Joe Biden will announce the ambitious new plans at a virtual climate change summit later today (Picture: AP/Getty)
US president Joe Biden has vowed to slash America’s greenhouse gas emission in half by 2030 in an ambitious attempt by the White House to combat climate change.
The target is more than doubles the country’s previous pledge under the 2015 Paris climate agreement, when Barack Obama committed to cutting emissions by a 26% by 2025. If the US meets its goal in nine years time, the country’s emissions will be 50-52% below 2005 levels by the end of this decade.
Biden, 78, will announce the aggressive target at a virtual climate change summit involving 40 global leaders later today.
In a statement, secretary of state Antony Blinken said: ‘The Biden-Harris administration will do more than any in history to meet our climate crisis.
‘This is already an all-hands-on-deck effort across our government and across our nation. Our future depends on the choices we make today.’
Ahead of today’s summit, the UK has already committed to slashing emissions by 78% by 2035. China, the world’s biggest emitter, has vowed to reach peak emissions by 2030 and be carbon neutral by 2060.
The summit is a chance for the US, and Joe Biden, to lead global efforts on climate after the Trump administration left the Paris accord, and pause all federal efforts to reduce domestic emissions.
US president Joe Biden delivers remarks on tackling climate change prior to signing executive actions in Washington DC in January 2021 (Picture: Reuters)
Climate Crisis activists from various climate activism groups protesting in Westminster, London, during the first UK Students Strike Over Climate Change march on February 14, 2020 (Picture: Getty)
Since becoming president, however, Biden has already reinstated US membership of the Paris climate accord and halted oil and gas drilling leases on federal land.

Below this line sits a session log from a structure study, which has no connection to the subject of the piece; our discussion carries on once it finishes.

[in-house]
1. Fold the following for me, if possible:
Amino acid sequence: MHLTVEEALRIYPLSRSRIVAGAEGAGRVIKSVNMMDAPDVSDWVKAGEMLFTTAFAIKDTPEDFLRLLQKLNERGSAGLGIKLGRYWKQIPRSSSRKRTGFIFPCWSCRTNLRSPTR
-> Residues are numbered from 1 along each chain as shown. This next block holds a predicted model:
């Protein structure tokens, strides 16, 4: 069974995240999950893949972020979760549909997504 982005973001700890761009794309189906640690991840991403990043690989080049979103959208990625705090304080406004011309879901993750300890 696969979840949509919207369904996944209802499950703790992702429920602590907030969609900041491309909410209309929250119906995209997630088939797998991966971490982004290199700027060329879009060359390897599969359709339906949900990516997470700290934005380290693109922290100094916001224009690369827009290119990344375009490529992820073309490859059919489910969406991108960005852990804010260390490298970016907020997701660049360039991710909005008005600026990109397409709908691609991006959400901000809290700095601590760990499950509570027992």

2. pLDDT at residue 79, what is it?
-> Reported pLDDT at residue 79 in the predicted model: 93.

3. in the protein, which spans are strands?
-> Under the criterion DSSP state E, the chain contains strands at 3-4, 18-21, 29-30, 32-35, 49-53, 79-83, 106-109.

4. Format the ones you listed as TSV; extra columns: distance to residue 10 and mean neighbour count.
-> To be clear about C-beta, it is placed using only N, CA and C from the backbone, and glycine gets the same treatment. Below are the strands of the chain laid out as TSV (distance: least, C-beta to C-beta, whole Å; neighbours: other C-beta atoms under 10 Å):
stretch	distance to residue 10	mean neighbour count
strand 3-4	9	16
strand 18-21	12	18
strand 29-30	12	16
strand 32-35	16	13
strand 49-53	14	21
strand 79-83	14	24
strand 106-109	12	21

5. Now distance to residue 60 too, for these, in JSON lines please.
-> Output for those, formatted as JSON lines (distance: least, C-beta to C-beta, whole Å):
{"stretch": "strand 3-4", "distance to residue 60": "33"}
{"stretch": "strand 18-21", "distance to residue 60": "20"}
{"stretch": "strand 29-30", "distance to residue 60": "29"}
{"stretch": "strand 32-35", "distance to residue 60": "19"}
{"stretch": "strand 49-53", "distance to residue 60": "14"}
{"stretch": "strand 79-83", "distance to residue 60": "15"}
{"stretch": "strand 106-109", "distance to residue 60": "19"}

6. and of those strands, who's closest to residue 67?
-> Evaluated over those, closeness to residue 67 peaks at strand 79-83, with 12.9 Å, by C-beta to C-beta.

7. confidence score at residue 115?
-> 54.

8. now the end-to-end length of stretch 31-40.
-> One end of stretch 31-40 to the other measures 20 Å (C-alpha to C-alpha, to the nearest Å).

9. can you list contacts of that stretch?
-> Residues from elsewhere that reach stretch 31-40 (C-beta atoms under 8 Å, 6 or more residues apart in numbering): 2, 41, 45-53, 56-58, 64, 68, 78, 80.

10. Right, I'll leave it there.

The president’s pledge also progresses his campaign promise to decarbonize the country’s energy sector by 2030 and put the country on a path to net-zero emissions by 2050.
So far the democrat has proposed a $2 trillion infrastructure package that would support a tricky transition away from fossil fuels and toward clean energy. If passed, the raft of new laws would be one of the largest federal efforts ever to reduce emissions.
The White House has yet to outline exactly how the US hopes to achieve its goal of cutting emissions in half, but more details are expected to emerge in the coming days.
Anne Kelly, vice president of government relations said in a statement: ‘A strong national emissions reduction target is just what we need to catalyze a net-zero emissions future and build back a more equitable and inclusive economy.’
In order to achieve a net-zero economy by 2050, the US must curb emissions between 57% and 63% in the next decade, according to an independent group, Climate Action Tracker, that analyzes the government’s work on climate change.
Protesters hold up signs during a demonstration in front of the White House in Washington, DC on June 1, 2017, objecting to US President Donald Trump’s decision to withdraw from the Paris Climate accord (Picture: AFP/Getty)
While America’s coal power generation has fallen 43% since 2015, it is still the third most coal-dependent nation. This means that in 2020, 60% of the country’s electricity still came from fossil fuels.
The global effort to curb climate change comes as part of attempts to keep global warming well below 2 degrees Celsius, or 3.6 degrees Fahrenheit, compared with preindustrial levels.
Currently, however, temperatures are set to rise by 1.5 degrees Celsius, or 2.7 degrees Fahrenheit, in the next two decades.
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